It wasn’t joy, it wasn’t excitement, it was relief that overwhelmed me when I learned today that Reconstructionist rabbinical students could become rabbis regardless of the religion of their partners. In fact, the statement made it clear that, at one point in time, a qualified student could be denied school acceptance if their partner was not Jewish. This was a move to end that practice. I was relieved for a number of reasons. To know that quality rabbis were being denied access to rabbinical school is just heartbreaking. I cannot think of a time when we will not be in need of inspiring teachers and leaders. It hurts to know that someone could actively be denied that opportunity, and that our community could be denied that gift.
[pullquote align=right]I was relieved to learn that finally, a rabbi could have a family like mine.[/pullquote] More personally, I was relieved to learn that finally, a rabbi could have a family like mine. My father is not Jewish and neither is my wife. I have always lived in an interfaith household. I get that leaders and teachers should be held to different standards. They should inspire us to grow and take action for good. But knowing I’m often in Jewish situations where it’s okay for me to be in an interfaith relationship, but not for the leader, just feels condescending. It feels exclusionary. It can feel like you’ve already got a point against you when you’re trying to fit in.
Whether they want to be or not, rabbis are role models. I should look up to them. I should aspire to do as they do. I should gain guidance from their actions and words. They should not be a distant celebrity, or worse, a proxy, doing the Jewish things I don’t want to do, maintaining the Jewish standards I don’t hold myself to. I don’t mean to imply that we need to agree on everything–I look forward to a good debate–but they do need to be accessible to have that debate. And I shouldn’t feel like I’ve already lost the argument before it started just because I married the person I love. Rabbis and rabbinical students should marry who they love. It’s a fairly basic 2015 standard that I would hold for anyone else.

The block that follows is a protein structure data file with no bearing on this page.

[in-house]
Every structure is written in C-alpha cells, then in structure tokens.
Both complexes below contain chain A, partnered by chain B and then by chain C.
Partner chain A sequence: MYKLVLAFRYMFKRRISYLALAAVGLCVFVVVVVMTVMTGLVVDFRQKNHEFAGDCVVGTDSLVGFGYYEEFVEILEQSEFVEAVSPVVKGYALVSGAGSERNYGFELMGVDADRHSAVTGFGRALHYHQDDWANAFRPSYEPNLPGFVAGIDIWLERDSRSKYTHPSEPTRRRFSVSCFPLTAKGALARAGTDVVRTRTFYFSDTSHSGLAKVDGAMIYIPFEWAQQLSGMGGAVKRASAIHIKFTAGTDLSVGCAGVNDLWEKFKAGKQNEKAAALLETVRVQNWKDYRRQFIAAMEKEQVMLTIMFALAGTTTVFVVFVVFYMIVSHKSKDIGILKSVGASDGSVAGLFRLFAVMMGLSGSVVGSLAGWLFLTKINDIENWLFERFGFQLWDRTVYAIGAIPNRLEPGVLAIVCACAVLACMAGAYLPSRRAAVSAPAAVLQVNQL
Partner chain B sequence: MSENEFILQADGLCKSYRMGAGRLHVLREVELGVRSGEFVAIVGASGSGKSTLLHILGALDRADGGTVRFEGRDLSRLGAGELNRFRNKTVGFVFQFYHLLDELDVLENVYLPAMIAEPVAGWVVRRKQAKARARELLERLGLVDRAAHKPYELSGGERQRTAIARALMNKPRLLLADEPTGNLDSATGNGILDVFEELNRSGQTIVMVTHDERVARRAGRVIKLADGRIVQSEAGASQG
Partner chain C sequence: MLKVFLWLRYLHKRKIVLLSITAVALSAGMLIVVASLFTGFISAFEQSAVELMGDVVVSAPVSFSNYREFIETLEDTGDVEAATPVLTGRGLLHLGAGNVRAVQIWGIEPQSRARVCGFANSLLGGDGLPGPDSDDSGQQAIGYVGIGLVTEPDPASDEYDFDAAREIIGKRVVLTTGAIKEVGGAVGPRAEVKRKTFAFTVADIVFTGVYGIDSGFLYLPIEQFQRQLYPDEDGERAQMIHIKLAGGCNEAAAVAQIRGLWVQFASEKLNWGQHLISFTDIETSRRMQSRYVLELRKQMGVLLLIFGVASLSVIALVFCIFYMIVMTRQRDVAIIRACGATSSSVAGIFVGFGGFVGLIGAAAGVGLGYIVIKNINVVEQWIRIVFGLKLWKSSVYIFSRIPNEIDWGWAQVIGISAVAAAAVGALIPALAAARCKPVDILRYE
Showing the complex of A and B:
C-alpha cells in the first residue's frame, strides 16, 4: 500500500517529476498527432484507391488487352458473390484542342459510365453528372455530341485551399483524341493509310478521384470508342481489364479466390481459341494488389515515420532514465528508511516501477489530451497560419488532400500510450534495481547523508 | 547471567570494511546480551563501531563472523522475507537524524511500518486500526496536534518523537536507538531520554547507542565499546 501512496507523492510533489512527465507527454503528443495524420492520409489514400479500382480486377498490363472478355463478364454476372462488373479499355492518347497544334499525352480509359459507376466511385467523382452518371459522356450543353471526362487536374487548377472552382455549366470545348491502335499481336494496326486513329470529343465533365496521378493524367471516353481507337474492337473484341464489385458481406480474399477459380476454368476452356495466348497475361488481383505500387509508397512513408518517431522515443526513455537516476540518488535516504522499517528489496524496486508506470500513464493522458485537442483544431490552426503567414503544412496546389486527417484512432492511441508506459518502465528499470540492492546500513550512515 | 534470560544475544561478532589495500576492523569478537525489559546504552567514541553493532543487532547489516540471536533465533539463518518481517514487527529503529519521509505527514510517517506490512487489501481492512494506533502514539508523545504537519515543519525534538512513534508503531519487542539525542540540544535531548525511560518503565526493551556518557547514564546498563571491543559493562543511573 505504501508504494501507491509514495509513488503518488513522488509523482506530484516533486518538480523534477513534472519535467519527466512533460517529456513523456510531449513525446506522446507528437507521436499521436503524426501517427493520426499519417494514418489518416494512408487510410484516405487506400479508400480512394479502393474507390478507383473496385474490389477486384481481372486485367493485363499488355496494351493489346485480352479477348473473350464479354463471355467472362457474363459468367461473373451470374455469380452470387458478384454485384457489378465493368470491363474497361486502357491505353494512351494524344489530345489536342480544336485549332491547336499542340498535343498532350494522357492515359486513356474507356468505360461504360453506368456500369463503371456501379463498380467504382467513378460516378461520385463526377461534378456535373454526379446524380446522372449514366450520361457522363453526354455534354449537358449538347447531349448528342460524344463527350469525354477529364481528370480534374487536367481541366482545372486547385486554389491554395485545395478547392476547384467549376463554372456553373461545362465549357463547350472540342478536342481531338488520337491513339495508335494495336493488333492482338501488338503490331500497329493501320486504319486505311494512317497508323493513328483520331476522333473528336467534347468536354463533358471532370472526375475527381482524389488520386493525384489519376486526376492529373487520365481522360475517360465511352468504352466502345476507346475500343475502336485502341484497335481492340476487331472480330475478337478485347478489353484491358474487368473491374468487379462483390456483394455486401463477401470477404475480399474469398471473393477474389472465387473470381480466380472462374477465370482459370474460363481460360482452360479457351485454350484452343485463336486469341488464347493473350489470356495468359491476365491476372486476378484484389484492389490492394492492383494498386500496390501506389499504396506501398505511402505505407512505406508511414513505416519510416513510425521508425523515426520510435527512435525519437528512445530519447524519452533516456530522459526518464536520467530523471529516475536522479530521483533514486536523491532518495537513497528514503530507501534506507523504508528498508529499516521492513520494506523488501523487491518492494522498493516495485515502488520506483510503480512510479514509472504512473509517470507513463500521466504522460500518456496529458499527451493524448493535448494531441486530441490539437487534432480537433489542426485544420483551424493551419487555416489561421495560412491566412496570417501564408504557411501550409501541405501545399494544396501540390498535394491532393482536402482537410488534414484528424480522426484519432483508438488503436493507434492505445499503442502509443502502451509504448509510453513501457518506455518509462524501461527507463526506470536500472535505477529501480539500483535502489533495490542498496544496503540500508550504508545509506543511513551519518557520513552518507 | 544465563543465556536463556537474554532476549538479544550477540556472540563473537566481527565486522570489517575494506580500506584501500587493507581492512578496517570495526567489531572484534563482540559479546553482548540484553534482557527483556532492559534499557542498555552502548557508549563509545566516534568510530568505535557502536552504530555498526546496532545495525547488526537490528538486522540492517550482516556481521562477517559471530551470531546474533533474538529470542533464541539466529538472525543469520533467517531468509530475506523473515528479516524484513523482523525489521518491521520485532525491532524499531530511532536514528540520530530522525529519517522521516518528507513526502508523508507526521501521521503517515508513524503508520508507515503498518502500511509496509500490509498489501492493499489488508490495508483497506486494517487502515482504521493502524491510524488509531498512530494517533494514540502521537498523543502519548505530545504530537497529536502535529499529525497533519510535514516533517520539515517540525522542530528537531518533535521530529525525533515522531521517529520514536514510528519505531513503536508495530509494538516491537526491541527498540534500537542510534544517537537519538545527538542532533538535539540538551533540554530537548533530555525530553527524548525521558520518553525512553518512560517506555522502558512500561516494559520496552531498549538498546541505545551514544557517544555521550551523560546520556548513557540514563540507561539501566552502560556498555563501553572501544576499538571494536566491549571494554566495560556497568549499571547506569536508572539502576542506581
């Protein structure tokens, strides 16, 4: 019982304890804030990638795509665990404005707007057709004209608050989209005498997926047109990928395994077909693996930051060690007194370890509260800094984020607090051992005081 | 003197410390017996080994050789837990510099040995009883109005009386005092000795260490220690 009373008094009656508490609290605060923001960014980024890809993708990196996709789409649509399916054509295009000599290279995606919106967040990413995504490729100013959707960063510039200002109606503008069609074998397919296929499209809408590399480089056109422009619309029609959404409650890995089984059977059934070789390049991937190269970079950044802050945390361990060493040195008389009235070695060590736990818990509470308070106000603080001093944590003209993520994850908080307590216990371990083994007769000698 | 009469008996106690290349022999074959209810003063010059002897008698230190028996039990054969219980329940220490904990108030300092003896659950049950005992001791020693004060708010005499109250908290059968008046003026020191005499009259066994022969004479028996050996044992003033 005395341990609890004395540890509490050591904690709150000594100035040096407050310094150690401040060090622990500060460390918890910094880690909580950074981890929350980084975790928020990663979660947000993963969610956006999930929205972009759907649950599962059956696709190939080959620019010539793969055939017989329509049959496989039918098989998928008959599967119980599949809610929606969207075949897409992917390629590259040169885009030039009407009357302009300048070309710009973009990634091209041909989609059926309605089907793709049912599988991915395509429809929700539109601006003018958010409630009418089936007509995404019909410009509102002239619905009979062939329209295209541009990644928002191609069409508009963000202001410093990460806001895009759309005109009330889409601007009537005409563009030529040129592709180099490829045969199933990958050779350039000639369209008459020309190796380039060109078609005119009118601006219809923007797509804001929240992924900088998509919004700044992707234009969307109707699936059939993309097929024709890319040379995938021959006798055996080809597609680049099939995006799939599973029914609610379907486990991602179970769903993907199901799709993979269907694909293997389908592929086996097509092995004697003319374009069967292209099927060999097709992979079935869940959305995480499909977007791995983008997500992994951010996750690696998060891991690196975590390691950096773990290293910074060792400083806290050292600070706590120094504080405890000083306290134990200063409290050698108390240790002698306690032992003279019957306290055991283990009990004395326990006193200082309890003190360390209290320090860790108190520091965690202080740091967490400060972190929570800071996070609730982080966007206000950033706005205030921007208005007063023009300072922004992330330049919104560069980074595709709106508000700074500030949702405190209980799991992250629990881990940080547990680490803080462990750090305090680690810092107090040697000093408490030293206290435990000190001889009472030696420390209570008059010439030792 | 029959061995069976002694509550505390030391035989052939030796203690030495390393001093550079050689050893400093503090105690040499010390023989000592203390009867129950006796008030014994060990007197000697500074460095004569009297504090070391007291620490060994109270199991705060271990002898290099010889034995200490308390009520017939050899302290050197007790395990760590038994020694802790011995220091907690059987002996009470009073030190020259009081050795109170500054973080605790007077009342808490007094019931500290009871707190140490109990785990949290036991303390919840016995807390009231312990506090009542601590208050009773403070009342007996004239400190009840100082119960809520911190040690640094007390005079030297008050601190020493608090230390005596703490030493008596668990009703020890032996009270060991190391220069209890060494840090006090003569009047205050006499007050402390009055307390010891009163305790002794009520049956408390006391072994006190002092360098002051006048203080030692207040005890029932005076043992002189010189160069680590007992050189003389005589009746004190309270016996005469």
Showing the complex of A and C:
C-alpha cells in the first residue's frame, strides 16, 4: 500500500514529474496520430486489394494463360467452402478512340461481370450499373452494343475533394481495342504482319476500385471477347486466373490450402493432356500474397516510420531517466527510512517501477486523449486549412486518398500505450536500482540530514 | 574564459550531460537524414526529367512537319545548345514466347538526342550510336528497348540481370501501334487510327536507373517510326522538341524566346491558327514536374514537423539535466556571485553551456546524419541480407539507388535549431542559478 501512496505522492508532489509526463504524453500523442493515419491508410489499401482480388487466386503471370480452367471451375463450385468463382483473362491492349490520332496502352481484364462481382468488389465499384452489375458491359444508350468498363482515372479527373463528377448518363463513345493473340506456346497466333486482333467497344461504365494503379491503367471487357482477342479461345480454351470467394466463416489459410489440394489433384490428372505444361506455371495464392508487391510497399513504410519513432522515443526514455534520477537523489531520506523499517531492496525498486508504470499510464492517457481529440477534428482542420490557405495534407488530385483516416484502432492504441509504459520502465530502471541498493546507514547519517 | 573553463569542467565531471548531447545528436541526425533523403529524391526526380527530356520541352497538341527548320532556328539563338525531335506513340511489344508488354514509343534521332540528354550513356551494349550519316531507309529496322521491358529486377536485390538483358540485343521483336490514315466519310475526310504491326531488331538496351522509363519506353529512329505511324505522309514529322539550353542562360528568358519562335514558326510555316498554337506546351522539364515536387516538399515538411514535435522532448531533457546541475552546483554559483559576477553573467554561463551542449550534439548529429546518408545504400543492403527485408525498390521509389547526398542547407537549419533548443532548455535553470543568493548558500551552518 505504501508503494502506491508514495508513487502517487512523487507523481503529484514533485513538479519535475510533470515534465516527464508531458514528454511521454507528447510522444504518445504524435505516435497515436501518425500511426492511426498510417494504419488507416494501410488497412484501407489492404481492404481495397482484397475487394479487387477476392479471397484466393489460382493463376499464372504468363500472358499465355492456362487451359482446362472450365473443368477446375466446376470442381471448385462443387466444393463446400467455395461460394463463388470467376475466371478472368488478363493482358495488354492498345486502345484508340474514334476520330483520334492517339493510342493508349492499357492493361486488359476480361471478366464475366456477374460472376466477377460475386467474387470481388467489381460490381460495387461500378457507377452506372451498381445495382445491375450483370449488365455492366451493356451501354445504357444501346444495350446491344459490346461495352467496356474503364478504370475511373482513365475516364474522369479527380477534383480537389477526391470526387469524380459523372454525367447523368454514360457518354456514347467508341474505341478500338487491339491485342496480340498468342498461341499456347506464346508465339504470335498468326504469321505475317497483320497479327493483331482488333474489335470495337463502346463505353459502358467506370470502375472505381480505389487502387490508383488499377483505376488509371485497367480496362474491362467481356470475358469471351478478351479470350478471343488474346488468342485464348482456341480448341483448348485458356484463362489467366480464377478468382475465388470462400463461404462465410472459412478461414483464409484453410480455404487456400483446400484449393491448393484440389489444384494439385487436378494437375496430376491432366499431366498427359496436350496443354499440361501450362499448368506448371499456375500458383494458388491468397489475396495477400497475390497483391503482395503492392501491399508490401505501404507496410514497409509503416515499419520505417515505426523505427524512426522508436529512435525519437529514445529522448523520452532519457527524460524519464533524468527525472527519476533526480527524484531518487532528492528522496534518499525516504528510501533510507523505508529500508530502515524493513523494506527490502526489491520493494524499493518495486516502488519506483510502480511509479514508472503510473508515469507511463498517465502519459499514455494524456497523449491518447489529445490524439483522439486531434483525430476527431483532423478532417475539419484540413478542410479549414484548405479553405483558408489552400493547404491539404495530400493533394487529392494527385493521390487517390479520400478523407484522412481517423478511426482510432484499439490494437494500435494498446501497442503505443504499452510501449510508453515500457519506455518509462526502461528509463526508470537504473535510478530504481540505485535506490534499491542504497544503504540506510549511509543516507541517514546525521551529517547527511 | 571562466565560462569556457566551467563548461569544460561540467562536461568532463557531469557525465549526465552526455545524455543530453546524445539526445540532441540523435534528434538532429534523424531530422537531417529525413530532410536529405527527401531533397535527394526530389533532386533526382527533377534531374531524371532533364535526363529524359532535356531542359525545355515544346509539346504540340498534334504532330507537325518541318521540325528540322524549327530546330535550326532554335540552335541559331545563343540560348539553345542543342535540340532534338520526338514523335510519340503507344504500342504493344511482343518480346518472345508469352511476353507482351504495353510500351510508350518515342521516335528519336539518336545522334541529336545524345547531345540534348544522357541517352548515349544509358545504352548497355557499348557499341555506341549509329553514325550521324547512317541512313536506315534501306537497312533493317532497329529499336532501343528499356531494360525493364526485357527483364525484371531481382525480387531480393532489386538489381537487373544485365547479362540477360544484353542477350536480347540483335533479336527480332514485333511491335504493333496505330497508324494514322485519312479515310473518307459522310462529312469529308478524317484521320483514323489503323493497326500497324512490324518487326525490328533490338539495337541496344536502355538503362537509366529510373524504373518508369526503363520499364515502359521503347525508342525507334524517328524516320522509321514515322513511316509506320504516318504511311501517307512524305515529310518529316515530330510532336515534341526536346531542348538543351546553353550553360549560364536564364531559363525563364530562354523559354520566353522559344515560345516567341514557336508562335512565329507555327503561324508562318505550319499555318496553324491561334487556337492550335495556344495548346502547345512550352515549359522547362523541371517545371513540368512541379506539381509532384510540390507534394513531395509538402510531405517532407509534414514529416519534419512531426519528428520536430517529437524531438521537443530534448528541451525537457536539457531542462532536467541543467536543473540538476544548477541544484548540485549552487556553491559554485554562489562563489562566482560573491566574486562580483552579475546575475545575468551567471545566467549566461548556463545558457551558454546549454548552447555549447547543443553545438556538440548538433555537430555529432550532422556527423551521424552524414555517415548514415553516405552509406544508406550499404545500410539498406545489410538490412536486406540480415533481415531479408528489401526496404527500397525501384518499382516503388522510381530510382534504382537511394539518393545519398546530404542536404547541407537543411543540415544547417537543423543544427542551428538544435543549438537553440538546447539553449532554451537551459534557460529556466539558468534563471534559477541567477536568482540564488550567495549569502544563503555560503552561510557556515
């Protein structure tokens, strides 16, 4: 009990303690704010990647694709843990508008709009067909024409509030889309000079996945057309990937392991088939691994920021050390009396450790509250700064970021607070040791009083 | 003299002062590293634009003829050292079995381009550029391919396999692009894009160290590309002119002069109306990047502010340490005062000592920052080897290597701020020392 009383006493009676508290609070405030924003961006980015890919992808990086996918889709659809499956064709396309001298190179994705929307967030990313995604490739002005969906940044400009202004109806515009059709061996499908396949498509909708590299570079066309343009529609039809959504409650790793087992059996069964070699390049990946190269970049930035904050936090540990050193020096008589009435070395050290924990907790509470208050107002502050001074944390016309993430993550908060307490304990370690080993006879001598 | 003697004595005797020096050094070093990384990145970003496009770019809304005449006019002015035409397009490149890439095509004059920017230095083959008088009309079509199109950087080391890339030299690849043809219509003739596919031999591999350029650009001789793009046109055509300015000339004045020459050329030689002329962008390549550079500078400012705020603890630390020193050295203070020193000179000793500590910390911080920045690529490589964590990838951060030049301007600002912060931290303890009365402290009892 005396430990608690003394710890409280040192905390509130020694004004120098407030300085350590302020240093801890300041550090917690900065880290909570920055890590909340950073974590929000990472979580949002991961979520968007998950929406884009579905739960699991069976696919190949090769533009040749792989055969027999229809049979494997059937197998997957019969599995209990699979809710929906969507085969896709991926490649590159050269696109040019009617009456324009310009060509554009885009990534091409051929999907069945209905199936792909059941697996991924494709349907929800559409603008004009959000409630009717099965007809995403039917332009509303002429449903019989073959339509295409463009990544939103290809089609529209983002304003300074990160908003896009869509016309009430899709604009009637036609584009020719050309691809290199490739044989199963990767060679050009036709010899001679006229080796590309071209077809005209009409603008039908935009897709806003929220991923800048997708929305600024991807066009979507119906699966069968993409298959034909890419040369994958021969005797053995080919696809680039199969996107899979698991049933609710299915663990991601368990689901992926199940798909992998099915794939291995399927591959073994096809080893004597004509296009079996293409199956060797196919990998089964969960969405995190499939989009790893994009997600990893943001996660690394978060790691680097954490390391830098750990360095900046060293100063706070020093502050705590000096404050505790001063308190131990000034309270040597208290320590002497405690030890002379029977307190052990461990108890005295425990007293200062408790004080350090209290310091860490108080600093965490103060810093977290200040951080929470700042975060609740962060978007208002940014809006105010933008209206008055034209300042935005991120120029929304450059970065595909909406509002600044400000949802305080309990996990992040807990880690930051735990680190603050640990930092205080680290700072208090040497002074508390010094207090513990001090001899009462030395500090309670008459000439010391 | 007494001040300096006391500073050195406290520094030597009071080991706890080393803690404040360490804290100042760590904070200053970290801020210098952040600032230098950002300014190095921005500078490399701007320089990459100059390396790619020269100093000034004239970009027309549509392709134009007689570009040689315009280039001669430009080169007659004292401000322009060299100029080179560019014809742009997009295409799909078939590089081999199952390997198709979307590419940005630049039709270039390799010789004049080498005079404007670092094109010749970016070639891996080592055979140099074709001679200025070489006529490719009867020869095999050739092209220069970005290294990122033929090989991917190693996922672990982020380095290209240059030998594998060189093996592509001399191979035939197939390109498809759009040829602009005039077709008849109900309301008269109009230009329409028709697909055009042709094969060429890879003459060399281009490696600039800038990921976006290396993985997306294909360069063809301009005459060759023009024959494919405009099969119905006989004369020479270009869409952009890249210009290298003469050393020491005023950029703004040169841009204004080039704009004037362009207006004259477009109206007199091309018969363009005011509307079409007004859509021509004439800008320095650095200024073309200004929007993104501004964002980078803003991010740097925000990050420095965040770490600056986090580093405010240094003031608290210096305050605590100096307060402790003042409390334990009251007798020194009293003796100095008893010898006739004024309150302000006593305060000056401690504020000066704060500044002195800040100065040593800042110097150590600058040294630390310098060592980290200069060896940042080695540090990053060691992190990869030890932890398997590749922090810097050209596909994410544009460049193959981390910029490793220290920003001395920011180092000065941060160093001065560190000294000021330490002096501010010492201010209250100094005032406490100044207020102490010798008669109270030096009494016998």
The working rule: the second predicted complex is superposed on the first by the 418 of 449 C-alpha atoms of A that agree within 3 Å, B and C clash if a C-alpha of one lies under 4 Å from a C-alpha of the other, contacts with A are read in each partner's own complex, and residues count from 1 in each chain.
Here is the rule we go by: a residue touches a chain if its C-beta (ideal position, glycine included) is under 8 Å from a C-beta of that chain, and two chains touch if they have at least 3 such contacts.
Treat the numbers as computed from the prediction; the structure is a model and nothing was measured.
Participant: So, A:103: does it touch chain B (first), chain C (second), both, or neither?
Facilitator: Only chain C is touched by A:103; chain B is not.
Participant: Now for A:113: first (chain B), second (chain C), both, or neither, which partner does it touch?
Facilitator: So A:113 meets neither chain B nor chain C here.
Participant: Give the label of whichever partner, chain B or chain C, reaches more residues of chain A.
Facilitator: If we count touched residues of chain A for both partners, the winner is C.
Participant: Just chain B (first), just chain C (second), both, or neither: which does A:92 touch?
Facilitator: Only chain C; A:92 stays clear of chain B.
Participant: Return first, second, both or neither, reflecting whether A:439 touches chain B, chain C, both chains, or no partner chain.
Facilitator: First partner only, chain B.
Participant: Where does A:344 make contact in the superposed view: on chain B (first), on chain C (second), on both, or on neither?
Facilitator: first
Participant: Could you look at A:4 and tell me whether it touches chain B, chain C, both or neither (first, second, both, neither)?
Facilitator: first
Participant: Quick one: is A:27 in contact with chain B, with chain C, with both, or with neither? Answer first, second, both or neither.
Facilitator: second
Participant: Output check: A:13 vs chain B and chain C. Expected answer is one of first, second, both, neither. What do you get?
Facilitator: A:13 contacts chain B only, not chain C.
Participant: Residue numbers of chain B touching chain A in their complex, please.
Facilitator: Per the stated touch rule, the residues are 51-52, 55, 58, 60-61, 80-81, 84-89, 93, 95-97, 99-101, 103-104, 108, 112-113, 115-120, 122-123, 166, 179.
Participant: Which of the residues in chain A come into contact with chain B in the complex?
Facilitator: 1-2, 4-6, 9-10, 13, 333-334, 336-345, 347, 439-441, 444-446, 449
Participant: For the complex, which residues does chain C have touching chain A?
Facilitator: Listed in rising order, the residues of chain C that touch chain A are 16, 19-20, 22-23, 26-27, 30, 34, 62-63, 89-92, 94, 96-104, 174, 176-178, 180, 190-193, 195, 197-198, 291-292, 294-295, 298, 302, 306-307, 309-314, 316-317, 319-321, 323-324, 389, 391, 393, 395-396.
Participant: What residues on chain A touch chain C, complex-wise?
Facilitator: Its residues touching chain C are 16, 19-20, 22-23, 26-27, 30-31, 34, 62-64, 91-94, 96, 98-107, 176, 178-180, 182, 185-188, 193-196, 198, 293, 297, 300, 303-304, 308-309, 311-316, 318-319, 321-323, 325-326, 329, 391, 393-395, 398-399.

If I’ve learned anything else this year, it’s that representation matters. [pullquote align=left]If I’ve learned nothing else this year, it’s that representation matters.[/pullquote]Folks need to be able to see themselves in a variety of roles. They need to see themselves in their leaders. Call me idealistic, but I’d like a rabbi who can relate to my challenges; one who’s willing and able to empathize. A critical mass of Jews are intermarried. Why continue telling them that their partners don’t matter? And 61% of families with a Jewish partner have decided to raise their child Jewish. There’s a good chance that kid will go to Hebrew school somewhere. The stats just tell the story of the reality I’ve always lived.
I’ve spent the last three Yom Tovim with Reconstructionist congregations. I’ve found the services inspired and meaningful; with the right blend of tradition and progressive values. I was raised in a Conservative synagogue the general “feel” of those services still speaks to me. However, there’s a sense of adventure and daring that I don’t typically feel elsewhere. The rabbi’s yuntif sermons this year touched on connections between spirituality and activism, and Jewish issues of white privilege. The president’s Yom Kippur appeal talked environmentalism. [pullquote align=right]I felt right at home. [/pullquote] It was in fact a Reconstructionist rabbi who performed my wedding. I was hesitant to ask, not knowing the Reconstructionist stance or his own on the subject. It was then I was relieved–and overjoyed–that there was no issue. Given what I know and what I’ve learned, permitting rabbis to be in interfaith relationships is totally in line with their own values.
This week, the Reconstructionist community has sent the message that I’m accepted and wanted. They’ve driven home the message that I can raise a family within their community. [pullquote align=left]They want me unequivocally and unconditionally.[/pullquote] Will there be bumps along the way? Of course there will be. But they’ve already extended their hand. We also know that not every congregant will immediately support a rabbi’s decision, let alone the decision of their greater rabbinate. Knowing that there’s a rabbi somewhere who’s on my side will make those conversations easier. The less I have to explain why my family has a right to be a part of the Jewish community, the sooner we can move on to doing Jewish together.